Troy Rose and his mother Brandy James fought Caroline County Public Schools’ decision to push Troy out of school and won, setting a new standard for how school districts can interpret the reportable offense law.
Troy Rose was an honor student, varsity athlete, class president, and community volunteer with an impeccable disciplinary history heading into his senior year at a Caroline County high school. He had plans to attend the University of Maryland, College Park to major in engineering after graduation.
Then, over the summer, he was arrested in another county on a charge that was ultimately resolved in the juvenile system with probation only. Caroline County Public Schools (CCPS) subsequently refused to admit him to school in September based on Maryland’s “reportable offense” law, which allows schools to alter students’ educational placements in response to information about an arrest in the community. Relying on the fact of the arrest and charge alone, without any analysis of how it impacted the school community, CCPS unilaterally decided to transfer Troy to homebound instruction until his case was resolved.
Represented by the Public Justice Center, Troy appealed his case to the State Board of Education. On appeal, we asserted several challenges to CCPS’s removal decision. We argued that CCPS had no basis for concluding that the unproven allegations against Troy—relating to an incident that occurred in another county when school was out—had any impact on the safety of the CCPS community. Moreover, we argued, CCPS had not removed white students who had engaged in the same behavior of which Troy—who is Black—was accused.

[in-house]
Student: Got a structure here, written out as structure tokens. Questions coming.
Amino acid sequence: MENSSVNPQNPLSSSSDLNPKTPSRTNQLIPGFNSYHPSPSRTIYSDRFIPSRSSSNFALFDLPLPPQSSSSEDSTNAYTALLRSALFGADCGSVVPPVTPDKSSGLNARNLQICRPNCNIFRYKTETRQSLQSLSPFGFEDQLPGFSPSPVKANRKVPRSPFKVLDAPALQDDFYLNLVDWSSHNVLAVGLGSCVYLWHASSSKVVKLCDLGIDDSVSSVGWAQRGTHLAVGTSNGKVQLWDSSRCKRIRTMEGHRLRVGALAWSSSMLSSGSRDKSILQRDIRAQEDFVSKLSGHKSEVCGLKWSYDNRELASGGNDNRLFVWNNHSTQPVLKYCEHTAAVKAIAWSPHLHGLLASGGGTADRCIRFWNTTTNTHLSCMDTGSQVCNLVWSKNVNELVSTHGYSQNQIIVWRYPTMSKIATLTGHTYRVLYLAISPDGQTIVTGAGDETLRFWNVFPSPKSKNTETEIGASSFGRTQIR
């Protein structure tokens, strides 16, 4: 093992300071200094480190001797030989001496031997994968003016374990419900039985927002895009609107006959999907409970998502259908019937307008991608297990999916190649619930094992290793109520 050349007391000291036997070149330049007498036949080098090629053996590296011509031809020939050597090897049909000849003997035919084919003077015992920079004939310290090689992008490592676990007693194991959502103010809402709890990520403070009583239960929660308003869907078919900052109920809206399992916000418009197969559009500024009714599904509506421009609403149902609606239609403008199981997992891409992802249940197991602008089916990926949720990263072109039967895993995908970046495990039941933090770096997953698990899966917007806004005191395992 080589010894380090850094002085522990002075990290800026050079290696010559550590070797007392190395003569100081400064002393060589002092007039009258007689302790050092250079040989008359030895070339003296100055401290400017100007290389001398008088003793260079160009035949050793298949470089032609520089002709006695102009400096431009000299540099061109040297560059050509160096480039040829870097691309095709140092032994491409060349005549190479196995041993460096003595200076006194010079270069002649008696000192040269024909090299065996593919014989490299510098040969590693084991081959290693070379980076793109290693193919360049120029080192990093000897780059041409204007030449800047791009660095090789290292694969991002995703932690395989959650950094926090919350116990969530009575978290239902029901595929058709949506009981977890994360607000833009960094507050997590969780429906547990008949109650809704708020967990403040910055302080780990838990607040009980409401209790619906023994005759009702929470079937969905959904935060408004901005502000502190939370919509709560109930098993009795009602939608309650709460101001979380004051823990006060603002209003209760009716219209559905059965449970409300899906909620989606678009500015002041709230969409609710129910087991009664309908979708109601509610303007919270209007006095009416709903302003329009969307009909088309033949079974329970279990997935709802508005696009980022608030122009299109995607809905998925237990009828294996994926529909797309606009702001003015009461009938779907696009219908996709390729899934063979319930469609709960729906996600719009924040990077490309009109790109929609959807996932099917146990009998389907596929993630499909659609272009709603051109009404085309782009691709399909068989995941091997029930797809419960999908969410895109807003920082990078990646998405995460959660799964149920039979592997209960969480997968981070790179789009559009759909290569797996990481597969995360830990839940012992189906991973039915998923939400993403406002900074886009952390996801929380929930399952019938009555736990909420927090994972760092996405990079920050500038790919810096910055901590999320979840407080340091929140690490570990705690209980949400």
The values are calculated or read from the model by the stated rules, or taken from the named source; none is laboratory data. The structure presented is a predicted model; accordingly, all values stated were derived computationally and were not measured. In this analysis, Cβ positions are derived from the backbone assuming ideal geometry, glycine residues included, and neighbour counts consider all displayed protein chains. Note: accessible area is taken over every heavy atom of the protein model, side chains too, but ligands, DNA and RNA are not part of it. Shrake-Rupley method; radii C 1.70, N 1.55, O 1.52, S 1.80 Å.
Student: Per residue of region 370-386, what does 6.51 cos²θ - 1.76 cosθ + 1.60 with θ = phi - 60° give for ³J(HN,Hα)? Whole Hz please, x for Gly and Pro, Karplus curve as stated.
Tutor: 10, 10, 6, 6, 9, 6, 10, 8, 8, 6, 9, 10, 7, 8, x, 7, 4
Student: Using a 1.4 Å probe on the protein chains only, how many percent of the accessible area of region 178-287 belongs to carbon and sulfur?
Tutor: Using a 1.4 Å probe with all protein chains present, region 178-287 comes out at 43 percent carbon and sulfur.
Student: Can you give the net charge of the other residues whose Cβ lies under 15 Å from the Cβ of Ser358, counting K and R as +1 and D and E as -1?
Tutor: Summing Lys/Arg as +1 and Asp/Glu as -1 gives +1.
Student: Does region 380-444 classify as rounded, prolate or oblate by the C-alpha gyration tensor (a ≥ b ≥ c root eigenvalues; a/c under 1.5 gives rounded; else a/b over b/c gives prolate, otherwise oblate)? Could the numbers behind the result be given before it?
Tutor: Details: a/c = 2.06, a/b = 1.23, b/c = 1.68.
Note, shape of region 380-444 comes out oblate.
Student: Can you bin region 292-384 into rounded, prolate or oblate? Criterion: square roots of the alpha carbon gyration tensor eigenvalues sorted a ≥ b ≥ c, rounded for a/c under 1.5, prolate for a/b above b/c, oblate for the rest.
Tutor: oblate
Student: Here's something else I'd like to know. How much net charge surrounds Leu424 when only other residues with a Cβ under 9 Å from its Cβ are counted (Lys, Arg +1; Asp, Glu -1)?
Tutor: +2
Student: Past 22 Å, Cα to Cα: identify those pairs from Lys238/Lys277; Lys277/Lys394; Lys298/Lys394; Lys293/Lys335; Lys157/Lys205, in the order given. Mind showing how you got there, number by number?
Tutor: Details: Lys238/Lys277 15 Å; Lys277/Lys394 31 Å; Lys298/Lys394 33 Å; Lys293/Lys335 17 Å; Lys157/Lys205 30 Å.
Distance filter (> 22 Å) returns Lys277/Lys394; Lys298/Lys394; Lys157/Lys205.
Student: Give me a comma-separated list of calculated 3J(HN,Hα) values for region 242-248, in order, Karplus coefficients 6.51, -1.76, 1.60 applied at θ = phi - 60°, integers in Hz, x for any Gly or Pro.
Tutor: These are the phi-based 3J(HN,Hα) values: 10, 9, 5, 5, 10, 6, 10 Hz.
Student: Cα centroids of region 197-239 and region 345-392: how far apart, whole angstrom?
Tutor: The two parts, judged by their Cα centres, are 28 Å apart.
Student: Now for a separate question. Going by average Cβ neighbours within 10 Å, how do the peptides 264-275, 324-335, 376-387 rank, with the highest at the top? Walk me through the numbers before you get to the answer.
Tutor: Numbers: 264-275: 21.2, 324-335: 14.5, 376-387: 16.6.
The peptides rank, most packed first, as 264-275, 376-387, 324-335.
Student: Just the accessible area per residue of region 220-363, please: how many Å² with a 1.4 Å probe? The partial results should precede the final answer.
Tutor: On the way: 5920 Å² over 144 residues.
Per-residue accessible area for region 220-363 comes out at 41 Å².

In January 2020, the State Board of Education ruled that the removal decision was unlawful. In its opinion, the Board explained that school districts cannot remove students based on reportable offense charges alone, where there is no evidence and analysis of how the charges threaten the safety of other students or school staff. The decision sets precedent for students throughout the state, preventing schools from kicking them out if they face an arrest in the community in the absence of any safety justification. Troy ultimately returned to school, improved his grades which had fallen during the period of removal, and graduated, while CCPS dropped the reportable offense removal from his school records.
Troy and his mother are committed to using their experience to advance justice for other children in Maryland. In February 2020, Ms. James testified in the General Assembly in favor of a bill that would have amended the current reportable offense legislation, sharing her son’s experience and the academic and psychological harm he suffered as a result of the prolonged removal from school.